In my last post I wrote about the different types of the so called Bastard Malts, Scotch single malt whiskies with undisclosed origin. Now let’s take it a step further: How do we react, when whe drink a malt that we don’t know what distillery it is from?
With the cheap supermarket malts this is not much of a a problem. You get a whisky that is just about drinkable, and it’s not really important to know if it’s from Glen X or Glen Y. Of course even in this case there can be long forum discussions about who might be the culprit, but I can hardly imagine any whisky lover wanting to hunt for the original stuff be cause he liked that fantasy malt so much.
But with the bastard brands or independent bottlings, things are a bit different. These usually are good whiskies, some of the are even excellent. And so, many people will want to find out where the dram was distilled. This is more out of curiosity than everything else, because most of them will already know the standard bottlings of the distilleries that come into mind. But this burning curiosity leads to a wealth of speculations that sometimes can even turn in to good old-fashioned flame wars, especially if an Islay malt is the subject of discussion.
One person may insist “This definitiely is a Lagavulin. My local dealer told me they’re not allowed to write it on the label, but he knows it for sure”. Another one replies “Lagavulin hasn’t sold casks to indies for ages. I know that for sure because I talked to the manager last summer. I bet this is a Coal Ila” And so on ad nauseam. One can note that especially distilleries with prolific names like Lagavulin or Ardbeg are very often cited as probable provenance.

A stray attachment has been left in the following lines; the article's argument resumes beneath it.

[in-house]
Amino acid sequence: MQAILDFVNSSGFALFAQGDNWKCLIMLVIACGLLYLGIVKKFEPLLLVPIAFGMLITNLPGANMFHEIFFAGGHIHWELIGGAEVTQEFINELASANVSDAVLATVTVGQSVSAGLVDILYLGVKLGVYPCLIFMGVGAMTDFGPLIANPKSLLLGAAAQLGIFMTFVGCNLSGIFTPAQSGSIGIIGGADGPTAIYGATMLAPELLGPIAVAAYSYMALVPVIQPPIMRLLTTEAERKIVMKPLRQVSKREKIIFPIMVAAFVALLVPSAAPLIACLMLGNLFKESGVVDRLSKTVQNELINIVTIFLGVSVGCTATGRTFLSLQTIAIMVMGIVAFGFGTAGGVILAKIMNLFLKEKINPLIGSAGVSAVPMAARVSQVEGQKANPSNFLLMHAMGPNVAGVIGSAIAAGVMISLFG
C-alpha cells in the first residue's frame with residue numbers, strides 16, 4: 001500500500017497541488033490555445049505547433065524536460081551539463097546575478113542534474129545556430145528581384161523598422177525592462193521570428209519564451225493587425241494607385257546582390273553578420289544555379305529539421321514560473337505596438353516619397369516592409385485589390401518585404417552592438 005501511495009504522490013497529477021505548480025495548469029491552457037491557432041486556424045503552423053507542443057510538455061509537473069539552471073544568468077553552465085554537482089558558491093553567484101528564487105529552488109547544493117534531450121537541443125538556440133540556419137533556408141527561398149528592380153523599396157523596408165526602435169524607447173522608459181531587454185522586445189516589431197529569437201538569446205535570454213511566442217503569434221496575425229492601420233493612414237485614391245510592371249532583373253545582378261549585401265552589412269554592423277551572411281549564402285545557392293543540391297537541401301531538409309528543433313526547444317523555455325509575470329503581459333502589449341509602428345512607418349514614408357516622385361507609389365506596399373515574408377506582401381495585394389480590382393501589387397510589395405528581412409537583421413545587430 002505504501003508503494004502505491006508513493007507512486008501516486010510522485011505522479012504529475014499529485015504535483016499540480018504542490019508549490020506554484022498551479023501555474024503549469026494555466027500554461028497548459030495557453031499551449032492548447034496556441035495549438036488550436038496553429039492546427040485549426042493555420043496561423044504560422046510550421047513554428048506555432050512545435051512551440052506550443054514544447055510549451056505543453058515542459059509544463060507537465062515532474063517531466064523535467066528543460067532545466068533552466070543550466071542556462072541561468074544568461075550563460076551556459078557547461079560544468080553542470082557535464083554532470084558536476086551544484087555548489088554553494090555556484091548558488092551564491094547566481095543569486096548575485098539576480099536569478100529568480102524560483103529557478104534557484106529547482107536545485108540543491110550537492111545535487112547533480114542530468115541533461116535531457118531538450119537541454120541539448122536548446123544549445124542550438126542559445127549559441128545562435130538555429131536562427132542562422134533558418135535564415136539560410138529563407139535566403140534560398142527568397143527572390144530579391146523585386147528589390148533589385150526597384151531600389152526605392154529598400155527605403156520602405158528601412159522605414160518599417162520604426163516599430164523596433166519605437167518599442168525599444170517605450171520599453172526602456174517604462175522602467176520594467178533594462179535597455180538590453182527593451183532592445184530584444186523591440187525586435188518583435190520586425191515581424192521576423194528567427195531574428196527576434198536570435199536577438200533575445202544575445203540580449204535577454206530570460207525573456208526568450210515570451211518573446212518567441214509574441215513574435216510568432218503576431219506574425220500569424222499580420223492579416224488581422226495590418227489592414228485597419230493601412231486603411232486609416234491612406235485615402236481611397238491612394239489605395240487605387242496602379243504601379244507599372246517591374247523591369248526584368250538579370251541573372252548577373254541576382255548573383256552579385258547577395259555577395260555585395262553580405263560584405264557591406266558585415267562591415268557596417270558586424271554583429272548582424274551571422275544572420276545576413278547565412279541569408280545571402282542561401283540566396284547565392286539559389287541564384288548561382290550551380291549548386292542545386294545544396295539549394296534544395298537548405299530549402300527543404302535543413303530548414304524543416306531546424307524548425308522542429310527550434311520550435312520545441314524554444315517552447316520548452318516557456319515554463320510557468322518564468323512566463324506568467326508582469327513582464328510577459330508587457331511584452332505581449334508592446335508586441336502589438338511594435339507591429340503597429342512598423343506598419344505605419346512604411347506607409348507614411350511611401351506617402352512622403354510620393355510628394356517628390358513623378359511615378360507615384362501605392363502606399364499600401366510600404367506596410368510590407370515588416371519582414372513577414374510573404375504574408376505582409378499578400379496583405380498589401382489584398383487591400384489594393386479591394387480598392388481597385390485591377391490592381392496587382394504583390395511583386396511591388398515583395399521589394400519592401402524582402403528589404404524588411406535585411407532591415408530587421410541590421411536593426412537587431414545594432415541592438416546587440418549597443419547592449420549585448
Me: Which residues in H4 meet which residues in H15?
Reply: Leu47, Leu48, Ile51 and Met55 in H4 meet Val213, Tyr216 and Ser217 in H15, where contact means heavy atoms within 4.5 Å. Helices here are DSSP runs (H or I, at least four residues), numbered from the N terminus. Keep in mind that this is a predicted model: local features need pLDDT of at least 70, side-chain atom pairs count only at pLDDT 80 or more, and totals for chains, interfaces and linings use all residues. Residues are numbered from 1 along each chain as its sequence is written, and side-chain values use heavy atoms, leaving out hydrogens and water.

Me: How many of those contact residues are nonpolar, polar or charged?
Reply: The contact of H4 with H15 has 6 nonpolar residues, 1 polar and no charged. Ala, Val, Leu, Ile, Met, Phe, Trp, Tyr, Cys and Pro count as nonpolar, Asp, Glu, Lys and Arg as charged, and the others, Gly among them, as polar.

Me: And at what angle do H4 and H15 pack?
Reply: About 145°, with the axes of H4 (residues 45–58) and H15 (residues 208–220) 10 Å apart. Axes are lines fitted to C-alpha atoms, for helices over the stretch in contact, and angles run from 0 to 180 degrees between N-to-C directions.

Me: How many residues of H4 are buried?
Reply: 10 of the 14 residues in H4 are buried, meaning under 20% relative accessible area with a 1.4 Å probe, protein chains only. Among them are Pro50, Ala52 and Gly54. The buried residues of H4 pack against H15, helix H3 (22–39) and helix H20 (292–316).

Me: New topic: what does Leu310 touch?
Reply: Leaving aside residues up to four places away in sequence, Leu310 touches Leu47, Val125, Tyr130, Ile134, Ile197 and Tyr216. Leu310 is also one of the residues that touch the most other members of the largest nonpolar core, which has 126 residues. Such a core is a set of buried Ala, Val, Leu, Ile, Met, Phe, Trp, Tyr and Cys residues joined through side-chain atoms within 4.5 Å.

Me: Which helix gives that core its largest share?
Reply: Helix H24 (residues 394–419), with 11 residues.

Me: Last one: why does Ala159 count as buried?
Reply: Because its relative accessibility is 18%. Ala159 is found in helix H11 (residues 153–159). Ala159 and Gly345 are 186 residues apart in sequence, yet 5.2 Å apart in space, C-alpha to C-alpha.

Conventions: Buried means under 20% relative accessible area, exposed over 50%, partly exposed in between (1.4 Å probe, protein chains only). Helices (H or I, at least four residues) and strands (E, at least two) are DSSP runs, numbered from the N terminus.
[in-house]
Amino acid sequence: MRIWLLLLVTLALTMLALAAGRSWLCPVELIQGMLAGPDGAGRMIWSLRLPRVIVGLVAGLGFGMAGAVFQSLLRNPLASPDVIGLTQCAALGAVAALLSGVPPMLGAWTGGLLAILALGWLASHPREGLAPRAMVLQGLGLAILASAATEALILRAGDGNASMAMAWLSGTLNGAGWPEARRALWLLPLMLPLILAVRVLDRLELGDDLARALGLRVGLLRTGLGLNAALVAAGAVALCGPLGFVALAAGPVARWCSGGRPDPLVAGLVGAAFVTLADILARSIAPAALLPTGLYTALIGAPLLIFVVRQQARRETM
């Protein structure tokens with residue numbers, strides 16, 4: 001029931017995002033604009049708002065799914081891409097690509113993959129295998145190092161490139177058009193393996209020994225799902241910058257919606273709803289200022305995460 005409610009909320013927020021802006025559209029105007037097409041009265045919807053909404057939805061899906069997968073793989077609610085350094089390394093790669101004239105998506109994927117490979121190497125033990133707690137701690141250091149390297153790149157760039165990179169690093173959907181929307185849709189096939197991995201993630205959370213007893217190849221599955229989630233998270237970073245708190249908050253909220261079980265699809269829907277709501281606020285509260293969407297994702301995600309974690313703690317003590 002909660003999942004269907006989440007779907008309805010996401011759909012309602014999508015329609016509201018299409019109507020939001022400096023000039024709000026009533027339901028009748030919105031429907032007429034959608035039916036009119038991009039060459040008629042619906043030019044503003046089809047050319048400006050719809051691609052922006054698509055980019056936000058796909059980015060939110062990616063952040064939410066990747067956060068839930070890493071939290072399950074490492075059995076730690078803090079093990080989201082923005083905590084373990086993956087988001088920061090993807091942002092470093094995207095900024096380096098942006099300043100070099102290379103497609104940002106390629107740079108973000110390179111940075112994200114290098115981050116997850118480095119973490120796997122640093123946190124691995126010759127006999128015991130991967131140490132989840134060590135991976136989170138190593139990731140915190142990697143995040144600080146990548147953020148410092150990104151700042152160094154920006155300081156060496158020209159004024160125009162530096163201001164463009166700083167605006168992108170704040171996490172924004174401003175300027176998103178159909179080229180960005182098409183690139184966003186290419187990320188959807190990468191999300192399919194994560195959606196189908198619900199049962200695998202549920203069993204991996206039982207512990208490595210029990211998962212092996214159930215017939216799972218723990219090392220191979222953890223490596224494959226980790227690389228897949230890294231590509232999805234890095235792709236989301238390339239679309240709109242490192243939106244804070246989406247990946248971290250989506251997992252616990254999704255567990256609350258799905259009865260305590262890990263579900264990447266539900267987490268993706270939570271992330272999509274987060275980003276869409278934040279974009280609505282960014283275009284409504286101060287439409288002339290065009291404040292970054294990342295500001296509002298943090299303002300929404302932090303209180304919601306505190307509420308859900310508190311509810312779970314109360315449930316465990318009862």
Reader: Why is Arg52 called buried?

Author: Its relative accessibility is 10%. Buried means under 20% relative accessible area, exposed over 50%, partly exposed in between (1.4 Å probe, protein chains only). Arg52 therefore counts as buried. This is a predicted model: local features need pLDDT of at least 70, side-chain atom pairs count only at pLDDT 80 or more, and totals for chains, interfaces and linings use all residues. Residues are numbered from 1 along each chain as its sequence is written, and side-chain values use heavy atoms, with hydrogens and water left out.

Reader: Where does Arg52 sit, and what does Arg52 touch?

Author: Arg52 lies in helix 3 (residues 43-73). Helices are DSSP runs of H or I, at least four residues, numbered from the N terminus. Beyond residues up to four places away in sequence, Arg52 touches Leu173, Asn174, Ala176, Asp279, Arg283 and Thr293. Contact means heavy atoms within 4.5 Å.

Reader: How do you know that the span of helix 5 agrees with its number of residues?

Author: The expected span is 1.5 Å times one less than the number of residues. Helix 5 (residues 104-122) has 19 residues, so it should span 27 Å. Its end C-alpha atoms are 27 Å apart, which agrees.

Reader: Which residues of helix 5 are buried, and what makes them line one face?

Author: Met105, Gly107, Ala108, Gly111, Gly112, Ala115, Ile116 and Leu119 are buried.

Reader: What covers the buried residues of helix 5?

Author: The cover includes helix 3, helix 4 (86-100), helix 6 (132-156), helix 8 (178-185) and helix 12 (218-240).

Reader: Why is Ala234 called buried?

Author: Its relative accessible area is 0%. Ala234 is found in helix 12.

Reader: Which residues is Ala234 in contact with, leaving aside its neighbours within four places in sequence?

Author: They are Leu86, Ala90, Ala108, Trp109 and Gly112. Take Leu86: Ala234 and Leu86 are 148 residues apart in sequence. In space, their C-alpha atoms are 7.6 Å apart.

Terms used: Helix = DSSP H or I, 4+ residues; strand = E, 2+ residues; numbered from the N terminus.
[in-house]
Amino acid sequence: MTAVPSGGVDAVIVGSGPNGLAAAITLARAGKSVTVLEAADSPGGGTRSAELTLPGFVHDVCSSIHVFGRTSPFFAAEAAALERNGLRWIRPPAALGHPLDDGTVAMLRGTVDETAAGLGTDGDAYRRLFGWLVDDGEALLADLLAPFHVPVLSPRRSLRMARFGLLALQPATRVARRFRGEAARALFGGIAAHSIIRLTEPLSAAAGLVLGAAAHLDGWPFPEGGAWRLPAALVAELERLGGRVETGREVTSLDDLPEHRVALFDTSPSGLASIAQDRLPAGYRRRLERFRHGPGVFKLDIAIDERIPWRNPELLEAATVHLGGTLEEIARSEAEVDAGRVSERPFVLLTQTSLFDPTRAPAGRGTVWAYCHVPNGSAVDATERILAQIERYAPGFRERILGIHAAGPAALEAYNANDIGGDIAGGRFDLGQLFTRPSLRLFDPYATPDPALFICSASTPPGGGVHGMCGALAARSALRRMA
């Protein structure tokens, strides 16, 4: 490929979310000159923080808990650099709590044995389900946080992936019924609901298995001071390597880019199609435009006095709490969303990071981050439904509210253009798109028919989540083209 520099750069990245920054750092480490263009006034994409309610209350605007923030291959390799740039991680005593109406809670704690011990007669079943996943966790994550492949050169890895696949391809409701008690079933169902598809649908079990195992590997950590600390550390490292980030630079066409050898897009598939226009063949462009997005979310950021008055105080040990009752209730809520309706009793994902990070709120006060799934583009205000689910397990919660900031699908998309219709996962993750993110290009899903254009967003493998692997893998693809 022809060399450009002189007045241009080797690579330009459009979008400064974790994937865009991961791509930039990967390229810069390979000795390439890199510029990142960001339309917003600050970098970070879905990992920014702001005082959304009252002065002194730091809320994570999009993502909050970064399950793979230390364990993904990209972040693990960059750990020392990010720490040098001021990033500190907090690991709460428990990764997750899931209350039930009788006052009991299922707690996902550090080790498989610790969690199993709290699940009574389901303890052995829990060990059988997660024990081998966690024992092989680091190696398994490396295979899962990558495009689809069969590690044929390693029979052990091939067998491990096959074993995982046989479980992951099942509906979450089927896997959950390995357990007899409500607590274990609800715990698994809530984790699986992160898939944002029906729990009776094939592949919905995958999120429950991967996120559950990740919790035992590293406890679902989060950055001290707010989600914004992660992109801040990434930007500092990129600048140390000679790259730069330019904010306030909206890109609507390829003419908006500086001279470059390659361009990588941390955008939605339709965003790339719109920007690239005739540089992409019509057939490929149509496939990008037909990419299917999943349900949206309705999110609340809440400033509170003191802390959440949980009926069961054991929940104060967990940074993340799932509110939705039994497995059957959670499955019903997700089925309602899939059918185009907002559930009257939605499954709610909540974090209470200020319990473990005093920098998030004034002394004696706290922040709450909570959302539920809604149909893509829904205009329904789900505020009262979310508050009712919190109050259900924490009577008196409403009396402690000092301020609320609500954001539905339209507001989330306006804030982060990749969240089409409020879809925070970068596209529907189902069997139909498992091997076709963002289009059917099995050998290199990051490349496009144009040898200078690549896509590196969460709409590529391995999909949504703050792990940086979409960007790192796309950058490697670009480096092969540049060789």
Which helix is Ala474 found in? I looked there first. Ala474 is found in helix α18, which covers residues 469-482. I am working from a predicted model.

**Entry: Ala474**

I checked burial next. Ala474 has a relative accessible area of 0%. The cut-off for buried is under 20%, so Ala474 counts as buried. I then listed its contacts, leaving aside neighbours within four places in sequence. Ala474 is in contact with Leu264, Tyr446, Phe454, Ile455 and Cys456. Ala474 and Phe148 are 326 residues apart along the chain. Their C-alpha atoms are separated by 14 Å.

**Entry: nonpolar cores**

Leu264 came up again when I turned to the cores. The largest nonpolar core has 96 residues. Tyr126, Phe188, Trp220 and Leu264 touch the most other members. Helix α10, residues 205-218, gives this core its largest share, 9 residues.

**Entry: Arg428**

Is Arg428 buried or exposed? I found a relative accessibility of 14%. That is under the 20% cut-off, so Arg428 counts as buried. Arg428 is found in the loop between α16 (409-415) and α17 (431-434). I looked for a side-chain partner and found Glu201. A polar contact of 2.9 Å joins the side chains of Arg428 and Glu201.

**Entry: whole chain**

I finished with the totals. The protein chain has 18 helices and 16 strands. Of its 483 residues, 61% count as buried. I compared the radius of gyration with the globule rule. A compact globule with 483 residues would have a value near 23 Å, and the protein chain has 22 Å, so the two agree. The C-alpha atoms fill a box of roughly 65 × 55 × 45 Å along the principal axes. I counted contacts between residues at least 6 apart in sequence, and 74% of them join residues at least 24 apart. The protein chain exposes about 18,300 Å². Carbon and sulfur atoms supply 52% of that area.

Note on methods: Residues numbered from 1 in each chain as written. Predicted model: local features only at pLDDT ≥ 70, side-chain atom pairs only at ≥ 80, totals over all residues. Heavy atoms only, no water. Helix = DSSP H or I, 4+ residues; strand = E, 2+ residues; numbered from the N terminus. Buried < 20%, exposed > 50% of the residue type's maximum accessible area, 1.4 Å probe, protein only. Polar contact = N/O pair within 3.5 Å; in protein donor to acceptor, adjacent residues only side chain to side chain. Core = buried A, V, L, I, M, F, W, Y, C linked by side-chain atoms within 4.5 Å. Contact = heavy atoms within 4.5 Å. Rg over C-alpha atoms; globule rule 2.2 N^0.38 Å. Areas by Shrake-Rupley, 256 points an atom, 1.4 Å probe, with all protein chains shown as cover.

What can we learn from that?
1. Big Names Sell Better
I think it’s not a surprise that bastard malts are often connected to high profile distilleries. Spreading a little rumor here or there will make sure that some of the distillery’s splendor will also shine on the little bastard. And of course there is an awful lot of whishful thinking included on the buyer’s side. The chance to get a high class malt at half price somteimes seems to blind the view a little. Now what if it turned out that this great cheap Islay malt really “only” is a Caol Ila? I could bet that some buyers even might feel a bit tricked and disappointed.
2. There Really is not Much of a Difference
From the sometimes heated debates about what’s in the bottle there is another conclusion to be drawn that is not quite so obvious: If even experts can’t tell for sure which distillery produced a specific malt, the difference in profile is not really backed up by a difference in quality.
To stay with the Caol Ila / Lagavulin example: It is not difficult to tell a Lagavulin 16 from a Caol Ila 12 or 18. The reason for this is that these standard bottlings are vattings of carefully selected batches to ensure that the whisky gets the desired character. If batches are mixed differently or even a single cask is bottled, the “house style” or intrinsic distillery character is far more difficult to detect.
So do we really need to know what’s in the bottle? I don’t think so.